Step 1. Switch your camera to Auto White Balance mode.

Step 2. Place the grey card in front of your subject. It should replicate the light falling on your subject.

Step 3. Using manual focus, get so close to the card that it fills the entire image area. 

Step 4. Take a photo.

Step 5. Find the Custom White Balance setting in your camera’s menu and use the card photo to set the Custom White Balance.

Step 6. Select Custom White Balance as your mode to shoot your subject.

Custom White Balance mode is frequently used by professional studio photographers who need the perfect colour reading.

Tungsten light vs fluorescent light

fluorescent purple neon sign

A quick note on tungsten and fluorescent light…

These modes can be the most perplexing for new photographers. But the difference in the light emitted by tungsten vs fluorescent is dramatic, making it important you know which setting to use. 

Tungsten is considered a hot light and creates a warmer yellow or orange colour cast while fluorescent light is cooler and creates a blue cast. If you’re indoors at home, it’s most likely you’ll be using the tungsten mode. 

Fluorescent mode is more for use when photographing shop fronts or Vegas!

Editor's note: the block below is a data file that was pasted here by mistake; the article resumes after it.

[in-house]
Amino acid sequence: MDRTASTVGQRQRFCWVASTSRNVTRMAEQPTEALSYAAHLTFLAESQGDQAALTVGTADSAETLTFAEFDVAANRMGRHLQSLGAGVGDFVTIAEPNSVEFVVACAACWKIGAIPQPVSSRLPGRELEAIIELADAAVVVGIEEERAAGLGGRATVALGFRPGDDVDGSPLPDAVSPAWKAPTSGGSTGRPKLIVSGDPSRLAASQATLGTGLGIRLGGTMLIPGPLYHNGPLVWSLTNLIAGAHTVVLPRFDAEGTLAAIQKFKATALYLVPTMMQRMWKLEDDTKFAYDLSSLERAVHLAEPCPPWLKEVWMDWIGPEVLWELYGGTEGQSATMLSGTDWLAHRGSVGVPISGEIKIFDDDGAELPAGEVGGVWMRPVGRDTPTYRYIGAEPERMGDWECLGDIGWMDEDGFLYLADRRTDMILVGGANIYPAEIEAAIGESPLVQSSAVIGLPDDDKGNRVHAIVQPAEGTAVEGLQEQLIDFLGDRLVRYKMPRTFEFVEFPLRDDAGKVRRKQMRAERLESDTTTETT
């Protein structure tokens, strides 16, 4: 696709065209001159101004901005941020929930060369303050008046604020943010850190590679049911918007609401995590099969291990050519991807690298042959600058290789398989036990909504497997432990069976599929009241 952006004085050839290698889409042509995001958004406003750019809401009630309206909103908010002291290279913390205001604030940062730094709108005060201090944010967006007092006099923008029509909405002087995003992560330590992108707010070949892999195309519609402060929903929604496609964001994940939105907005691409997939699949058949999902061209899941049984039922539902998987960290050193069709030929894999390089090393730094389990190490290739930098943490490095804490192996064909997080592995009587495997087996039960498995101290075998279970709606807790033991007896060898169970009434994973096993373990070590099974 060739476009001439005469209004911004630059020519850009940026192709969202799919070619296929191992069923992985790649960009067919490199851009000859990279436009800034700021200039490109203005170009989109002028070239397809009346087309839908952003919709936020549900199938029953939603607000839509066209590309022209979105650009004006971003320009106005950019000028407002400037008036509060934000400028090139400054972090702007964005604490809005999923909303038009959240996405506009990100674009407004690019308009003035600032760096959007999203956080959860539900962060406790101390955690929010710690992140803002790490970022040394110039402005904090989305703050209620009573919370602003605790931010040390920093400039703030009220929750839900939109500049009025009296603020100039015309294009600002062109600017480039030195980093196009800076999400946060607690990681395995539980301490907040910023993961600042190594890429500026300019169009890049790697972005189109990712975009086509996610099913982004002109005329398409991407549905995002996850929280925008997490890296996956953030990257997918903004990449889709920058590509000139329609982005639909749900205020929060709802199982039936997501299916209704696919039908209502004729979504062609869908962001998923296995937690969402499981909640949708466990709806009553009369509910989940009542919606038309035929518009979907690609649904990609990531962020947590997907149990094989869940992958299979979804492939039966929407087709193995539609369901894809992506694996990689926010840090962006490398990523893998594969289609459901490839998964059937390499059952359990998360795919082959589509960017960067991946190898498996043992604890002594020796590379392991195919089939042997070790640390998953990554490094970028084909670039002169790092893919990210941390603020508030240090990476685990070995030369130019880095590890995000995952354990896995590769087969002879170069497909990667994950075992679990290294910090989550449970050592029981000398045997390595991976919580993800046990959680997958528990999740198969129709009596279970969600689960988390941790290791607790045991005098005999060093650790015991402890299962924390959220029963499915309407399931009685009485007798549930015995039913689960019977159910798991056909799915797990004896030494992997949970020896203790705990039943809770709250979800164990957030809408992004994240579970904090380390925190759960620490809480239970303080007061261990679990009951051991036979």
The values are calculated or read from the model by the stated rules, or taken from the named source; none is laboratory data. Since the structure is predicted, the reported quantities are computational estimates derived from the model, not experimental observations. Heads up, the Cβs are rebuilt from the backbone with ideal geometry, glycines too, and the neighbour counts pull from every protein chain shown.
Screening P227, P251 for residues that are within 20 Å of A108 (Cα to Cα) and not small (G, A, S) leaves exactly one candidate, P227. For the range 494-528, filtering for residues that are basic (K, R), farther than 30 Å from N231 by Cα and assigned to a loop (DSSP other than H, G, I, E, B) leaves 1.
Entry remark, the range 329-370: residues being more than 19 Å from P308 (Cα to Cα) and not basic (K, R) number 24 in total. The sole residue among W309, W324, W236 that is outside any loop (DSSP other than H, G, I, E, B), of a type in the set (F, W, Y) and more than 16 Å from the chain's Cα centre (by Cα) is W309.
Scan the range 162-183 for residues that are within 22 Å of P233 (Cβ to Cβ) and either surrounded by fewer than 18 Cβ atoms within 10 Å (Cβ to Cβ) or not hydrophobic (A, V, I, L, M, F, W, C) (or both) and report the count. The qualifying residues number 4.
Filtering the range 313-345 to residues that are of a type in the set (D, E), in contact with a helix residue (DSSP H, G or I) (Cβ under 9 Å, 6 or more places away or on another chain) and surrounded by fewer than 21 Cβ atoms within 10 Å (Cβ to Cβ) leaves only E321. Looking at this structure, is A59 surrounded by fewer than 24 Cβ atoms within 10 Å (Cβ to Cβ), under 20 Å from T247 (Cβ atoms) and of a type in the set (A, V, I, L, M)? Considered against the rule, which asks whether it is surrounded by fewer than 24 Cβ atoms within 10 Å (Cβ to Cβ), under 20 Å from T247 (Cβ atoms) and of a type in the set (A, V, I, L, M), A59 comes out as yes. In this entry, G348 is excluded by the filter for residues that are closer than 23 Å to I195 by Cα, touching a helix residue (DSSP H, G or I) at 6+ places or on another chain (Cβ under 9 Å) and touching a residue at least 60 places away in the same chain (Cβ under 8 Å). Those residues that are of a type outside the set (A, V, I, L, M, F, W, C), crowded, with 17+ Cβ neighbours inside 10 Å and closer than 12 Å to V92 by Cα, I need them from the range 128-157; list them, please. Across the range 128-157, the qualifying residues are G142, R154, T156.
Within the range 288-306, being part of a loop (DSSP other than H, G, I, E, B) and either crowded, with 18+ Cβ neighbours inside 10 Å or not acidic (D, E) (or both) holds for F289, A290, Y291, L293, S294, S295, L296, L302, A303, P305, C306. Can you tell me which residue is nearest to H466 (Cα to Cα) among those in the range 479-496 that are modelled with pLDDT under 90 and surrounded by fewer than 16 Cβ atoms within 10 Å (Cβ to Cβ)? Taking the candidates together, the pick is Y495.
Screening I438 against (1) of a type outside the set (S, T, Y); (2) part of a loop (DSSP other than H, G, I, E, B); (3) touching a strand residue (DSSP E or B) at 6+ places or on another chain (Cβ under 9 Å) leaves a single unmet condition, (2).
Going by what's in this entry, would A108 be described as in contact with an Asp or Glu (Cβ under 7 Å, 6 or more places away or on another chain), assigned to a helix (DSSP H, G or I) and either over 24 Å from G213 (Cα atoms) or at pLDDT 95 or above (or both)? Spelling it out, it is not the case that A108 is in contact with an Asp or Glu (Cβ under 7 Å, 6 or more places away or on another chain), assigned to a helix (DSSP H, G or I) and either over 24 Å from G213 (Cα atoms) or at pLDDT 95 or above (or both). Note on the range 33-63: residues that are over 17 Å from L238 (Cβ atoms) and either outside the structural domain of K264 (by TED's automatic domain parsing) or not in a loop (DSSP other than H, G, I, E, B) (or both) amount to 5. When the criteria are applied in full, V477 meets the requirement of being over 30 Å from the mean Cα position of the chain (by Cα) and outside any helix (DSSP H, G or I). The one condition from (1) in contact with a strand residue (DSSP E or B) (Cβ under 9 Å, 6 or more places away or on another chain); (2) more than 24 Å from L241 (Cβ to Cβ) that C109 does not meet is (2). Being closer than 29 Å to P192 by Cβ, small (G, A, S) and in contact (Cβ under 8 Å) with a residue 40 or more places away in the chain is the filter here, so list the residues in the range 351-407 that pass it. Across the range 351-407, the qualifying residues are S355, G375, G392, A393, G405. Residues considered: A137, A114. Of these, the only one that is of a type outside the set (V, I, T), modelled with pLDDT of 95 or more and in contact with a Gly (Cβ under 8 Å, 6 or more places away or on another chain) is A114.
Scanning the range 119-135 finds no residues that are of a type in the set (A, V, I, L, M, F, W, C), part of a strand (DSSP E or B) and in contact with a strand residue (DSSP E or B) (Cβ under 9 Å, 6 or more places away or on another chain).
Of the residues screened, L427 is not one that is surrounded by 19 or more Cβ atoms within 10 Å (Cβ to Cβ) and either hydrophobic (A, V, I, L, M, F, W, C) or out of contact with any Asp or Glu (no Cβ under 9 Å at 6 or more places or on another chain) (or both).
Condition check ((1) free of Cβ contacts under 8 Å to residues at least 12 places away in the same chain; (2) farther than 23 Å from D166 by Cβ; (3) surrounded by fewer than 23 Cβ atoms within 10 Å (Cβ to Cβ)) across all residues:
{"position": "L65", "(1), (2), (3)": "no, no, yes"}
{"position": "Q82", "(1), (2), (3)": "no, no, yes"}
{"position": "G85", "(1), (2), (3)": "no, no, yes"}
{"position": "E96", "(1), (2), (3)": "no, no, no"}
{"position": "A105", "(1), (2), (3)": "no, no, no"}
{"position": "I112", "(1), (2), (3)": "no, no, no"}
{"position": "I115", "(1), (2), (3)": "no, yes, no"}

How to set white balance in Lightroom

Thankfully with the advances in technology today, it’s easy to correct white balance if you don’t get the shot right straight off the camera. 

Lightroom and most other editing programs have easy fixes to help you adjust your white balance. With Lightroom, the two most common methods are as follows.

Fixing white balance using the eyedropper

The eyedropper can be found in the Basic Develop panel. Once you’ve selected the eyedropper, find a neutral (white, black, or grey) area in your image to click on. The red, green, and blue values should be very close together. 

As you move around the image, you’ll get a preview in the Navigator panel of how that white balance will be affected. Once you click your mouse, Lightroom automatically adjusts the photo temperature – often, that’s all you’ll need to do. But you may also want to use the sliders for minor adjustments.

Fixing white balance using the sliders

In your Develop panel, there are two sliders that help you adjust the temperature and tint. 

In the temperature slider, sliding to the right warms up the photo (adds more orange) whereas sliding to the left cools it down (adds more blue). 

In the tint slider, sliding to the left adds more magenta whereas sliding to the right adds more green.

Are you ready to become a pro?

Learn more about how to make the most of your camera’s settings with our full suite of educational posts on the Camera House blog.

Or if you have any other questions about photography, be sure to visit your local Camera House store, where one of our staff members will happily share their expertise.

Post to Twitter

No Comments

Leave a Reply

You can use these tags: <a href="" title=""> <abbr title=""> <acronym title=""> <b> <blockquote cite=""> <cite> <code> <del datetime=""> <em> <i> <q cite=""> <s> <strike> <strong>